Night harness meetings launched at Albion Park. The Flat enclosures at Eagle Farm and Doomben closed.

1969 - 1975

A Corinthian Handicap for amateur riders was held at Eagle Farm.


Midweek racing re-introduced at Albion Park.


TAB record dividend of $99,612.45 for a treble of Buck's Lady, Gallant Duke and Black Wolf at Eagle Farm.


Racing switches to metric measures. The QTC holds a trial meeting on the sand track at Eagle Farm. The first Inter-Dominion Pacing Championships held at Albion Park and won by Welcome Advice. The Gabba Greyhound Club is formed.


The Prime Minster's Cup is introduced at the Gold Coast.


Closed circuit direct telecasts of interstate races commences on course.


Mick Dittman rode seven winners and a second at Eagle Farm. His only defeat came on the 7-2 favourite Strong James.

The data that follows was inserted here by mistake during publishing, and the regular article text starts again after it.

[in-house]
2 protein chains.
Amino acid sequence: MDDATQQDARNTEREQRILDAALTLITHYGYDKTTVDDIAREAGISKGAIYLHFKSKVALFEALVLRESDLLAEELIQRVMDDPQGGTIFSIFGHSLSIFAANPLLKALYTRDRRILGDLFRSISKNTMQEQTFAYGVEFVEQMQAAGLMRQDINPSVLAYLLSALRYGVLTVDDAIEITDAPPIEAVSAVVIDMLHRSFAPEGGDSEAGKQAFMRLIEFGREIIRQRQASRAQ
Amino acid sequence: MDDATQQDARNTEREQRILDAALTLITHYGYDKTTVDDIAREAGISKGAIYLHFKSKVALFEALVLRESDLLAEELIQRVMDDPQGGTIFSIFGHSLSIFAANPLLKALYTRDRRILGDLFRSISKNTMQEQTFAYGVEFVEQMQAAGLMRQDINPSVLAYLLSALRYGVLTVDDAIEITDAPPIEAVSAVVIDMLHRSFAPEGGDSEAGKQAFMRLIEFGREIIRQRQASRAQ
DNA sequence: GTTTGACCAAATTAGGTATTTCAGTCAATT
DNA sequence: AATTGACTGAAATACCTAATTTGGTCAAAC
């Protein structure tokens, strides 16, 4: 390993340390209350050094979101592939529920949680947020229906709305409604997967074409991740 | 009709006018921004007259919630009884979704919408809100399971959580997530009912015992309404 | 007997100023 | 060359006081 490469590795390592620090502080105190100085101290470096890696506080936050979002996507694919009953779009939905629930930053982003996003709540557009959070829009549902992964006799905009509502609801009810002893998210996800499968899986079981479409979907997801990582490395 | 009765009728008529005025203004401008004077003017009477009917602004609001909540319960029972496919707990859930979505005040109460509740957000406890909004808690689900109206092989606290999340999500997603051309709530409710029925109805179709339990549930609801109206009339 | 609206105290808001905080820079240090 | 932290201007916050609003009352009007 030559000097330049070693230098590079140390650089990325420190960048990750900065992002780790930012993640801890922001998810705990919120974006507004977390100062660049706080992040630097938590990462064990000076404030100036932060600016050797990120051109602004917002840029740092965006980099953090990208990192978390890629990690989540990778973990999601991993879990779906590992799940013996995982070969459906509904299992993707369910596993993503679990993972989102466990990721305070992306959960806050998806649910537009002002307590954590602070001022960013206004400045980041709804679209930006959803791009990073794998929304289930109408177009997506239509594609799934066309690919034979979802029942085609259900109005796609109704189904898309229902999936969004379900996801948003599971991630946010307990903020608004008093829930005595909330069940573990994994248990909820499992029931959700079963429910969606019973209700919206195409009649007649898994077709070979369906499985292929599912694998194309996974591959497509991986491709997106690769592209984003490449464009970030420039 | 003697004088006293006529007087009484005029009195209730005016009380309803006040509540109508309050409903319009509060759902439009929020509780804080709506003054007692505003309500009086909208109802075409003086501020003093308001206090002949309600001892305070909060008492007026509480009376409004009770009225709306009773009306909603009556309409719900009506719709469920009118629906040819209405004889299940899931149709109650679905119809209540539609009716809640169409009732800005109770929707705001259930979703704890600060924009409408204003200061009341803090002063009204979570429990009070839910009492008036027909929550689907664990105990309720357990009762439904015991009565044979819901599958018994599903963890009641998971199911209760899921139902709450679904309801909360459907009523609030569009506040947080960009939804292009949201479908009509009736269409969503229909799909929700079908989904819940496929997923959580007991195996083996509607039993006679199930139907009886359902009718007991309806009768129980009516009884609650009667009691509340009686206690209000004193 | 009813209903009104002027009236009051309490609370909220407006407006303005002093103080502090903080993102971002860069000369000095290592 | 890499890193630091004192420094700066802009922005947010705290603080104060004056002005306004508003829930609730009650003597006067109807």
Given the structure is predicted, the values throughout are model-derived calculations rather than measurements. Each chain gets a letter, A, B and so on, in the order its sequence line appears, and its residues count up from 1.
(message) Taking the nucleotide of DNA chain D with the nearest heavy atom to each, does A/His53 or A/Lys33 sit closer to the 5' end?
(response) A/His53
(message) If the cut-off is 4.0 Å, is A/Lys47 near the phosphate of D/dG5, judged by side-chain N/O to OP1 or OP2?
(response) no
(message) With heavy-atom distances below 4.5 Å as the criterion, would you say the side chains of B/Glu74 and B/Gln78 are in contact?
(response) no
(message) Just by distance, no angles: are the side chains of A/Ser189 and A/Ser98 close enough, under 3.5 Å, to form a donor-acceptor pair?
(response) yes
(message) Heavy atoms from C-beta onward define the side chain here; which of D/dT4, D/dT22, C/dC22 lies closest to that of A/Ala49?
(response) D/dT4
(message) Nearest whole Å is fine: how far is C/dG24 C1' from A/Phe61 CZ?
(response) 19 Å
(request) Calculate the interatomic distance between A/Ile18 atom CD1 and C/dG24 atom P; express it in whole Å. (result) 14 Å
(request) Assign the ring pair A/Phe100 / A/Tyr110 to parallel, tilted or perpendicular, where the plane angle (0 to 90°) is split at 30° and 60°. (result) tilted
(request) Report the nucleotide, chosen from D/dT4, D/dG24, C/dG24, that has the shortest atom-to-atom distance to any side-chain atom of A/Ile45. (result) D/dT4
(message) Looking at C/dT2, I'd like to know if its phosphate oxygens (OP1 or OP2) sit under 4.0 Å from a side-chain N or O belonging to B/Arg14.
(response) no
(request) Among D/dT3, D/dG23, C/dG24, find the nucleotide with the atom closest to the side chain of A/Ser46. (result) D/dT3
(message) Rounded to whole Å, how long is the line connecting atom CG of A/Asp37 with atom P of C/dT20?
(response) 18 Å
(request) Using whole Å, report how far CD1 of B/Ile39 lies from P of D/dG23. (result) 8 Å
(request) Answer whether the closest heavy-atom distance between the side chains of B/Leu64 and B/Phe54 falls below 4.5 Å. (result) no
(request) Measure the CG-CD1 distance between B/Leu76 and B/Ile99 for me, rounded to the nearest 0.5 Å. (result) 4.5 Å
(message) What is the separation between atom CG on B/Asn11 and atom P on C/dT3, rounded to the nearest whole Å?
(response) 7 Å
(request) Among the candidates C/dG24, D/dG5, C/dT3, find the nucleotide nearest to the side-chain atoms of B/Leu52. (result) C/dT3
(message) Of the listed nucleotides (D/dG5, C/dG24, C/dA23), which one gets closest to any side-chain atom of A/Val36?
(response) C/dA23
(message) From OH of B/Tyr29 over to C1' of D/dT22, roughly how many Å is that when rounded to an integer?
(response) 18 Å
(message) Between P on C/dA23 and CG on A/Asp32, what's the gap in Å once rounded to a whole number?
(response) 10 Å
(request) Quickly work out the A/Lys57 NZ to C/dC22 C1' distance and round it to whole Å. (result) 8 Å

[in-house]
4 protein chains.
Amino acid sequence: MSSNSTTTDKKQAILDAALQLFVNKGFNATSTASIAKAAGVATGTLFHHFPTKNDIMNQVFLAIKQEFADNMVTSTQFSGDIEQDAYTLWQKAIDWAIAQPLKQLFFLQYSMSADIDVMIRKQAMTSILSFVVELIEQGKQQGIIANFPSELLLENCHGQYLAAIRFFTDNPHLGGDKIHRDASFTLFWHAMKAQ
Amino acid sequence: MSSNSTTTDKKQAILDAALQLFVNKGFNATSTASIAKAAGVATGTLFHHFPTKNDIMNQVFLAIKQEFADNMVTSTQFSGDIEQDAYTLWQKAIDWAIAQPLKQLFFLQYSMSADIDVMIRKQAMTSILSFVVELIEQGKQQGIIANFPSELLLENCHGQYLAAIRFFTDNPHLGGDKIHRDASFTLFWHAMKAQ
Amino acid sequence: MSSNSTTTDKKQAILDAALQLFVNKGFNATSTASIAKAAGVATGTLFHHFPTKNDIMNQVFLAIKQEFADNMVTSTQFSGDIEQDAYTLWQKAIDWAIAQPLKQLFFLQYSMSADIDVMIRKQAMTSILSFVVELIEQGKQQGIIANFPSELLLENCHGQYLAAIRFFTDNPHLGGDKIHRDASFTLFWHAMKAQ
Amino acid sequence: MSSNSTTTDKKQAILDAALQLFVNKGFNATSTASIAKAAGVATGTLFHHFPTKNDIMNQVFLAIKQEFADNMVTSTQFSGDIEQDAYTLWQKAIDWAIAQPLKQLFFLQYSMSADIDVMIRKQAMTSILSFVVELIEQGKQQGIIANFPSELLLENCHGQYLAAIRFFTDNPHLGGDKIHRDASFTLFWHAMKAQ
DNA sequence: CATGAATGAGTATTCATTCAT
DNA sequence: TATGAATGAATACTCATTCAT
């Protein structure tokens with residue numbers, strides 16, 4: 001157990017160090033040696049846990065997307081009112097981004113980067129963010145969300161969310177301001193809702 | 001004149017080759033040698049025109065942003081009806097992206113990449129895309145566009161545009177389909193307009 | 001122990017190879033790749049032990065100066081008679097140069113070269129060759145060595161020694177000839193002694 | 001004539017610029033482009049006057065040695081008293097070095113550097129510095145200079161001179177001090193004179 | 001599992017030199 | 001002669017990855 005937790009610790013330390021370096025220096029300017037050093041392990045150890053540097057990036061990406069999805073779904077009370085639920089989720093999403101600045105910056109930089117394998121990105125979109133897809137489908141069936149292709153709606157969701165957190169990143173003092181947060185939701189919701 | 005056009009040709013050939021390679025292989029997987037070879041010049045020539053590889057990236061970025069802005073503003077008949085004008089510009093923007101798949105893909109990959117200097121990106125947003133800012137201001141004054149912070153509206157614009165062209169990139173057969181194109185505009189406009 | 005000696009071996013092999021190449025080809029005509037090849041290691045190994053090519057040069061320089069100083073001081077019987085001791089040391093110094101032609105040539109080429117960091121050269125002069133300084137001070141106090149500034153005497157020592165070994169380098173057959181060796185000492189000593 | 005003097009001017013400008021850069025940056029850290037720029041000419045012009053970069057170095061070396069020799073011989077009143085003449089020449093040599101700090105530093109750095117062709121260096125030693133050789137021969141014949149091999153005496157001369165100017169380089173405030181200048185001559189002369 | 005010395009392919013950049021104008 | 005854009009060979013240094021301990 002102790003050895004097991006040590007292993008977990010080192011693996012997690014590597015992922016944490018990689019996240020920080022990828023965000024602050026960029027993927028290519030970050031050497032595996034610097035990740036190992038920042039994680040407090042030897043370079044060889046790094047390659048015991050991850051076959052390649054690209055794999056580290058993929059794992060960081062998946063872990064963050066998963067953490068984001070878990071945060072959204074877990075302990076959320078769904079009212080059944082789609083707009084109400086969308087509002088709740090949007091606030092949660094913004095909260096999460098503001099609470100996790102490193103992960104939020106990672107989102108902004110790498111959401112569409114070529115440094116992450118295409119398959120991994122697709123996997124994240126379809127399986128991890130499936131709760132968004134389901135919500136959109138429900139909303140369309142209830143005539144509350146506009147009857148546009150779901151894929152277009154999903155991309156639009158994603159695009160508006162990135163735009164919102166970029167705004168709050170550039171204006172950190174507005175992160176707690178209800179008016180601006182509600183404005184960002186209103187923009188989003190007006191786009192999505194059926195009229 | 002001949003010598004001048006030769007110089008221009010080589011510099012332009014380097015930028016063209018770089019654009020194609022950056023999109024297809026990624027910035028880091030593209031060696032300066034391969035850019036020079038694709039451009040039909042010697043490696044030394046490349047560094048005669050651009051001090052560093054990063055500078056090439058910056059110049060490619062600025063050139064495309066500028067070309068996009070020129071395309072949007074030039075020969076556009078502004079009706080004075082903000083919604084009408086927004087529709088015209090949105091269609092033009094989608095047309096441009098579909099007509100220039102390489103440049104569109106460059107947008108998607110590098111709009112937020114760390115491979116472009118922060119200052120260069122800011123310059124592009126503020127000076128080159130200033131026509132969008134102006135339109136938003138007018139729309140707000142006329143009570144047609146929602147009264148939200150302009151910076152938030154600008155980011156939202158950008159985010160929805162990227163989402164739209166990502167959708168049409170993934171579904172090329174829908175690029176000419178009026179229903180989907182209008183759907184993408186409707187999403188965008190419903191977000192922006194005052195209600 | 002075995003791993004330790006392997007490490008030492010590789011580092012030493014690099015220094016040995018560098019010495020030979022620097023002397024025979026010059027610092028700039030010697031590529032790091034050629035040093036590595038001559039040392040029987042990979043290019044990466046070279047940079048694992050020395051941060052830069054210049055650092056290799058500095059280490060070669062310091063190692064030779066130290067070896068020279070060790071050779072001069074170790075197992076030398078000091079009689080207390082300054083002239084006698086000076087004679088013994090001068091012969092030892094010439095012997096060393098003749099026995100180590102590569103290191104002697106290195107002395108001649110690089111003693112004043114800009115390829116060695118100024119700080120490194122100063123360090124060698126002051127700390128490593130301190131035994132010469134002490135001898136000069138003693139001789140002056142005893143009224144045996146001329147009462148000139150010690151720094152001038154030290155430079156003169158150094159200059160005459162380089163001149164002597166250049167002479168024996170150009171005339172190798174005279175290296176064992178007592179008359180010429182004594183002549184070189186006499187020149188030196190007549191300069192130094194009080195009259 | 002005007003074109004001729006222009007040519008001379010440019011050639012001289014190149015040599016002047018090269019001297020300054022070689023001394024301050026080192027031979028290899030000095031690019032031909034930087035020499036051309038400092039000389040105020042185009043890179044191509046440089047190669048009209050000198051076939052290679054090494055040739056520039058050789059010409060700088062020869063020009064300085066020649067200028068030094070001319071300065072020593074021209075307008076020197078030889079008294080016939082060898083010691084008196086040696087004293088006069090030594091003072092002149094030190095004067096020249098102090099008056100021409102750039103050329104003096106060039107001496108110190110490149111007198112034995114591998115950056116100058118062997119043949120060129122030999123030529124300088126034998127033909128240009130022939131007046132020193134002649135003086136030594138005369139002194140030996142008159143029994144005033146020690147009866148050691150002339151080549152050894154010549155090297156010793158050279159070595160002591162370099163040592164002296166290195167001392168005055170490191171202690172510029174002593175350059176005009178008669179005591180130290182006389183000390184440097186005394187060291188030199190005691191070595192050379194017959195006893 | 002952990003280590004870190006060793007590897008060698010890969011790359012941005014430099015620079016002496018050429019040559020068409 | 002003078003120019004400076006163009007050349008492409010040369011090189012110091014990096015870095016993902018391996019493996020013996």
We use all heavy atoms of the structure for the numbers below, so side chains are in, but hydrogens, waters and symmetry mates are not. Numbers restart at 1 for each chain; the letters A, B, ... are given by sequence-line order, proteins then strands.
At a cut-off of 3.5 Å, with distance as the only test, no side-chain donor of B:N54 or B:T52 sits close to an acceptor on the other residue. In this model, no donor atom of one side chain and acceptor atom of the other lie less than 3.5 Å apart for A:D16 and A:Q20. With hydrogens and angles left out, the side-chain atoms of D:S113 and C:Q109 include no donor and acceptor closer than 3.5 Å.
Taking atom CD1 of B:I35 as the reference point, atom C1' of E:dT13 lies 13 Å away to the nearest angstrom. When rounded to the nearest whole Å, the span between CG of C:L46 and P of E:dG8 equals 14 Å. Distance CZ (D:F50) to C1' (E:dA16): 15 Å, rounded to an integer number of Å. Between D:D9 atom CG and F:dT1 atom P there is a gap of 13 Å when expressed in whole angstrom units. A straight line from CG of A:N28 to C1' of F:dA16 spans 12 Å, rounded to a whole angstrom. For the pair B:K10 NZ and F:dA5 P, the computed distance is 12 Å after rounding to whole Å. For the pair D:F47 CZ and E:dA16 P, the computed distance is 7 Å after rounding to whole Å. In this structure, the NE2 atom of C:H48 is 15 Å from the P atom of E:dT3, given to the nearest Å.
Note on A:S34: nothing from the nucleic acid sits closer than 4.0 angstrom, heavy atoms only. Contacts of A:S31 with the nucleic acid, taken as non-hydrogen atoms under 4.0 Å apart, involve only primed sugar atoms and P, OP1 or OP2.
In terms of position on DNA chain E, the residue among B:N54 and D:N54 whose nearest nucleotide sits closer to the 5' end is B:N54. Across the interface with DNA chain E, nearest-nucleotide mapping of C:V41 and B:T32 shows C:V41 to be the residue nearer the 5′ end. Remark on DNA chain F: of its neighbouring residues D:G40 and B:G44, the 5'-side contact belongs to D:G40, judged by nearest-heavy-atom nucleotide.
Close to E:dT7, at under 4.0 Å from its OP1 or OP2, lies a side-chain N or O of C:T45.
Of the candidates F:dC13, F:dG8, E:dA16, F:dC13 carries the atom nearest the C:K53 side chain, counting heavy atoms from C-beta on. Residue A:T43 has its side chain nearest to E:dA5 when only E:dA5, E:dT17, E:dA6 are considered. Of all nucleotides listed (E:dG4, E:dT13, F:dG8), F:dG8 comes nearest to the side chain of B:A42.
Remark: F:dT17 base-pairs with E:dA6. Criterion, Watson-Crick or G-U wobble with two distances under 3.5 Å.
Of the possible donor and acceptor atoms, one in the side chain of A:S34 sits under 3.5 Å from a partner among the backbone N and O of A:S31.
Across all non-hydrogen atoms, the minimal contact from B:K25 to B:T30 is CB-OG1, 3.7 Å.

Computerised tote introduced to metropolitan tracks. Also in 1979, Pam O'Neill is the first female to be licensed as a jockey to compete on equal status as the males. She rides a treble at her first unrestricted meeting at the Gold Coast on May 19th.


Racing is separated from State Treasury and allocated an independent portfolio under Russ Hinze.


Albion Park sold to the State Government and closed as a galloping venue after more than 100 years.


The new $8 million grandstand at Doomben is opened.


On course tote turnover topped $1 million for the first time on Elders Stradbroke Day on June 11.